Subtropical ridge

Subtropical ridge

The subtropical ridge is a large belt of high pressure situated around 30°N in the Northern Hemisphere and 30°S in the Southern Hemisphere. It is characterized by mostly calm winds, which acts to reduce air quality under its axis by causing fog overnight, and haze during daylight hours caused by the stable atmosphere found near its location. Air flows out from its center toward the upper and lower latitudes of each hemisphere, creating both the trade winds and the westerlies. It moves poleward during the summer, reaching its most northern latitude in early fall, before moving equatorward during the cold season. The ENSO climate cycle can displace the subtropical ridge, with La Niñas allowing for a more northerly axis for the ridge, while El Niños show flatter, more southerly ridges. The change of the ridge position during ENSO cycles changes tracks of tropical cyclones which form around their southern and western peripheries. As the subtropical ridge varies in position and strength, it can enhance or depress monsoon regimes around their southern periphery.


Heating of the earth near the equator leads to large amounts of upward motion and convection along the monsoon trough or Intertropical convergence zone. The divergence over the near-equatorial trough leads to air rising and moving away from the equator aloft. As it moves towards the Mid-Latitudes, the air cools and sinks, which leads to subsidence near the 30th parallel of both hemispheres. This circulation is known as the Hadley cell and leads to the formation of the subtropical ridge. [Dr. Owen E. Thompson. [ Hadley Circulation Cell.] Retrieved on 2007-02-11.]


The subtropical ridge starts migrating poleward in late spring reaching its zenith in early autumn before retreating equatorward during the late fall, winter, and early spring. Note that this is strongly correlated with the progression of the monsoon trough or Intertropical Convergence Zone.

Most tropical cyclones form on the side of the subtropical ridge closer to the equator, then move poleward past the ridge axis before recurving into the main belt of the Westerlies. [Joint Typhoon Warning Center. [ 3.3 JTWC Forecasting Philosophies.] Retrieved on 2007-02-11.] When the subtropical ridge shifts due to ENSO, so will the preferred tropical cyclone tracks. Areas west of Japan and Korea tend to experience much fewer September-November tropical cyclone impacts during El Niño and neutral years, while mainland China experiences much greater landfall frequency during La Niña years. During El Niño years, the break in the subtropical ridge tends to lie near 130°E which would favor the Japanese archipelago, while in La Niña years the formation of tropical cyclones, along with the subtropical ridge position, shift west, which increases the threat to China. [M. C. Wu, W. L. Chang, and W. M. Leung. [ Impacts of El Nino-Southern Oscillation Events on Tropical Cyclone Landfalling Activity in the Western North Pacific.] Retrieved on 2007-02-11.] In the Atlantic basin, the subtropical ridge position tends to lie about 5 degrees farther south during El Niño years, which leads to a more southerly recurvature for tropical cyclones during those years.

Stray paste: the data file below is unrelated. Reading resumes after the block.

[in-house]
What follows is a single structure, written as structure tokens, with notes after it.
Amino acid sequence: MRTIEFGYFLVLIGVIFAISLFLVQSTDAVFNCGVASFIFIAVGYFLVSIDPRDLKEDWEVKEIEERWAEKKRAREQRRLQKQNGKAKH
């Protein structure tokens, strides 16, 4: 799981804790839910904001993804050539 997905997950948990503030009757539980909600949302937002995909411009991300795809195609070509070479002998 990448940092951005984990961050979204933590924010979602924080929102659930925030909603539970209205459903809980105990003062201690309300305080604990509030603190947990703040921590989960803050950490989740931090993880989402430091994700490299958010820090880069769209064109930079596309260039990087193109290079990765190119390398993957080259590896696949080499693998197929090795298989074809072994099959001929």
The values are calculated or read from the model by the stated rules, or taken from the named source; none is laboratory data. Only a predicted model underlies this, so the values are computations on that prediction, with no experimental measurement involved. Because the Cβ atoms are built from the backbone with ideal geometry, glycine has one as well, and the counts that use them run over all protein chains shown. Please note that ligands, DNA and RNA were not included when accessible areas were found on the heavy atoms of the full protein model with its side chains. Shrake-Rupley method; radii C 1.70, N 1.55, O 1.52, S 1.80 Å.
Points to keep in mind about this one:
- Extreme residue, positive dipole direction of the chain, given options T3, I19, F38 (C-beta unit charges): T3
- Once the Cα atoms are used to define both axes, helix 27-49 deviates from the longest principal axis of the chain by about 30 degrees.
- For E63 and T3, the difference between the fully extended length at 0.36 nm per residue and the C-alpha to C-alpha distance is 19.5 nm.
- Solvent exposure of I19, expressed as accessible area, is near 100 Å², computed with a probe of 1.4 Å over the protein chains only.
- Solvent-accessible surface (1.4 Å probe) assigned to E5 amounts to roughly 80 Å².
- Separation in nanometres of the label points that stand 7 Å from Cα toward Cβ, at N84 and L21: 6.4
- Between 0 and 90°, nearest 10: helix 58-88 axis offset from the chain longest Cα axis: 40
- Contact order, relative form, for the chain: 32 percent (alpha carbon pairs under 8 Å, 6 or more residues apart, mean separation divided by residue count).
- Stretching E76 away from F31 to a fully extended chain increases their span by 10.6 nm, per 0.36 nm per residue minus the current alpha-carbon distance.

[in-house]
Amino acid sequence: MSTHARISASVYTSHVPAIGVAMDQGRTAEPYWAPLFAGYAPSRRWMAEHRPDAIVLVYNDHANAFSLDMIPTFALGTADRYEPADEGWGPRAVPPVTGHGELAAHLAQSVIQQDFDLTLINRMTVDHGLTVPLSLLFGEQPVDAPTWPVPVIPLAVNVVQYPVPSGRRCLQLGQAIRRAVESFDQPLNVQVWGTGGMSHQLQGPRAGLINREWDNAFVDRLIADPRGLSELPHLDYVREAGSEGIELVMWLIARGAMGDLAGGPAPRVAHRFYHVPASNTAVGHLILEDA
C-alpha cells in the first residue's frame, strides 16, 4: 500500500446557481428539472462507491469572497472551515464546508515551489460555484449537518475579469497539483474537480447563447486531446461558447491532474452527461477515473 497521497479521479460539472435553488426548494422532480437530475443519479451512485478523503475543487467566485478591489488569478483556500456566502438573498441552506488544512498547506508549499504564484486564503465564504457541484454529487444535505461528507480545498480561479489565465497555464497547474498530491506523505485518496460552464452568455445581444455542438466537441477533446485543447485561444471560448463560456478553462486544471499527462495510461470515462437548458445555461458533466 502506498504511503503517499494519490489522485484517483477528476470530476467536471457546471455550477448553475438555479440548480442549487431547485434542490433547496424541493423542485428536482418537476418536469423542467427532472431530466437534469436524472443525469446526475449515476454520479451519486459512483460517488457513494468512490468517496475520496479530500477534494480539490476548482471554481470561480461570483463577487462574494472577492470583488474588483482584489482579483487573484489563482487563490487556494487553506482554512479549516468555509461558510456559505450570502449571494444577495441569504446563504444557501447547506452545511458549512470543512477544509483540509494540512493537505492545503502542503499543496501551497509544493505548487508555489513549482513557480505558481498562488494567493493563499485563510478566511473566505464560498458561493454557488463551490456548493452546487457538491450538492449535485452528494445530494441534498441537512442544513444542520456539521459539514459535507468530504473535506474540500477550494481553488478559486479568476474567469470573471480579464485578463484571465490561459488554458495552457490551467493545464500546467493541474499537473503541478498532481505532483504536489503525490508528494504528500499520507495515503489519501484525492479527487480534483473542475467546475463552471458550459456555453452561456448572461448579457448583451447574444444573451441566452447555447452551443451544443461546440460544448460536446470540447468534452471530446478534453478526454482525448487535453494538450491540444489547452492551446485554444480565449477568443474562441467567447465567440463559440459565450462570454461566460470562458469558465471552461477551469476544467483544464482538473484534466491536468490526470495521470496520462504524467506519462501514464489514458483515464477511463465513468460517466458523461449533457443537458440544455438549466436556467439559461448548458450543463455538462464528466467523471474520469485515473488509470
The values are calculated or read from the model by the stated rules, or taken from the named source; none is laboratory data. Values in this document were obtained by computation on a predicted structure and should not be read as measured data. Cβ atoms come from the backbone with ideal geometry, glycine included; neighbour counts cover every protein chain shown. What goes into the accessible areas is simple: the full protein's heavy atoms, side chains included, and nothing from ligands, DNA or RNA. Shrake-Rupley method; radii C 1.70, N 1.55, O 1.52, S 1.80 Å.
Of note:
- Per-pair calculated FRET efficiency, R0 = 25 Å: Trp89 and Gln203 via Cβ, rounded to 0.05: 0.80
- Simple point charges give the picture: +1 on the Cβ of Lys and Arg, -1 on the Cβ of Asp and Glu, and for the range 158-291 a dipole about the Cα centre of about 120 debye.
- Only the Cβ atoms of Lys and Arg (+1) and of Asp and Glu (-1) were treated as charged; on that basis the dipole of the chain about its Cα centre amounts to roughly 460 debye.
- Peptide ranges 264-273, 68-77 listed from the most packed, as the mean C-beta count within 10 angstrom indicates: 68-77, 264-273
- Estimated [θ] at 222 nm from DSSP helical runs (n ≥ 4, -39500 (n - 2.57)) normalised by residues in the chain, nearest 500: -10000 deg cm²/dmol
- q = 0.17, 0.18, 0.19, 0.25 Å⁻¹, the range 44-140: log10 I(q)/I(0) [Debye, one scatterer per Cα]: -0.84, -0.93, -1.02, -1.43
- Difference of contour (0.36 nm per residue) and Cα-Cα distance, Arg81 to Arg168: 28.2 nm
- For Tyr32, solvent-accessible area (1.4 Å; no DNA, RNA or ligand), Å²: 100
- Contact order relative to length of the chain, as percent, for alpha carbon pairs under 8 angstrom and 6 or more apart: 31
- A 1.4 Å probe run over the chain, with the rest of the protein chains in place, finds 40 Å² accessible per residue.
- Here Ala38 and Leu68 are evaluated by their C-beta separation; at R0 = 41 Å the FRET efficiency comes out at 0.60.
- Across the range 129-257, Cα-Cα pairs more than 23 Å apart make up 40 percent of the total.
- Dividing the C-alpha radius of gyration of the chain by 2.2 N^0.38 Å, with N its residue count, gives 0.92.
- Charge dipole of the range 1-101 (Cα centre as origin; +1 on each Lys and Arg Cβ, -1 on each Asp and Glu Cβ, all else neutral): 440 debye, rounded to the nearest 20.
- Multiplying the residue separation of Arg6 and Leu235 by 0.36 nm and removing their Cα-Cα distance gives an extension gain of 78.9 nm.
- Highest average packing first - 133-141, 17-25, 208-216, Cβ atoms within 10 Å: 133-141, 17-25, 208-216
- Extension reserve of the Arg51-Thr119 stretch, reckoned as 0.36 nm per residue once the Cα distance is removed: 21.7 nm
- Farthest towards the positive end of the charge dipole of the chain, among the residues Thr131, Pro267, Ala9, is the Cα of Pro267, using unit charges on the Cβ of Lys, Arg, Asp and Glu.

When the Atlantic Multidecadal Oscillation's mode is favorable to tropical cyclone development (1995-present), it amplifies the subtropical ridge across the central and eastern Atlantic. [Climate Prediction Center. [ NOAA: 2004 Atlantic Hurricane Outlook.] Retrieved on 2007-02-11.]

Importance to global monsoon regimes

When the subtropical ridge in the northwest Pacific is stronger than normal, it leads to a wet monsoon season for Asia. [C.-P. Chang, Yongsheng Zhang, and Tim Li. [ Interannual and Interdecadal Variations of the East Asian Summer Monsoon and Tropical Pacific SSTs. Part I: Roles of the Subtropical Ridge.] Retrieved on 2007-02-11.] The subtropical ridge position is linked to how far northward monsoon moisture and thunderstorms extend into the United States. Typically, the subtropical ridge across North America migrates far enough northward to begin monsoon conditions across the Desert Southwest from July to September.Arizona State University. [ Basics of the Arizona Monsoon & Desert Meteorology.] Retrieved on 2007-02-11.] When the subtropical ridge is farther north than normal towards the Four Corners, monsoon thunderstorms can spread northward into Arizona. When suppressed to the south, the atmosphere dries out across the Desert Southwest, causing a break in the monsoon regime. [David K. Adams. [ Review of Variability in the North American Monsoon.] Retrieved on 2007-02-11.]

Role in haze and fog formation

When surface winds become light, the subsidence produced directly under the subtropical ridge can lead to a build up of particulates in urban areas under the ridge, leading to widespread haze. [Myanmar government. [ Haze.] Retrieved on 2007-02-11.] If the low level relative humidity rises towards 100 percent overnight, fog can form. [Robert Tardif. [ Fog characteristics.] Retrieved on 2007-02-11.]

See also

*Atlantic Multidecadal Oscillation
*Hadley Cell
*Intertropical Convergence Zone (The Doldrums)


External links

* [ Webster's Online Dictionary]
* [ Physical Geography - The Global Environment]
* [ Winds and the Global Circulation System]

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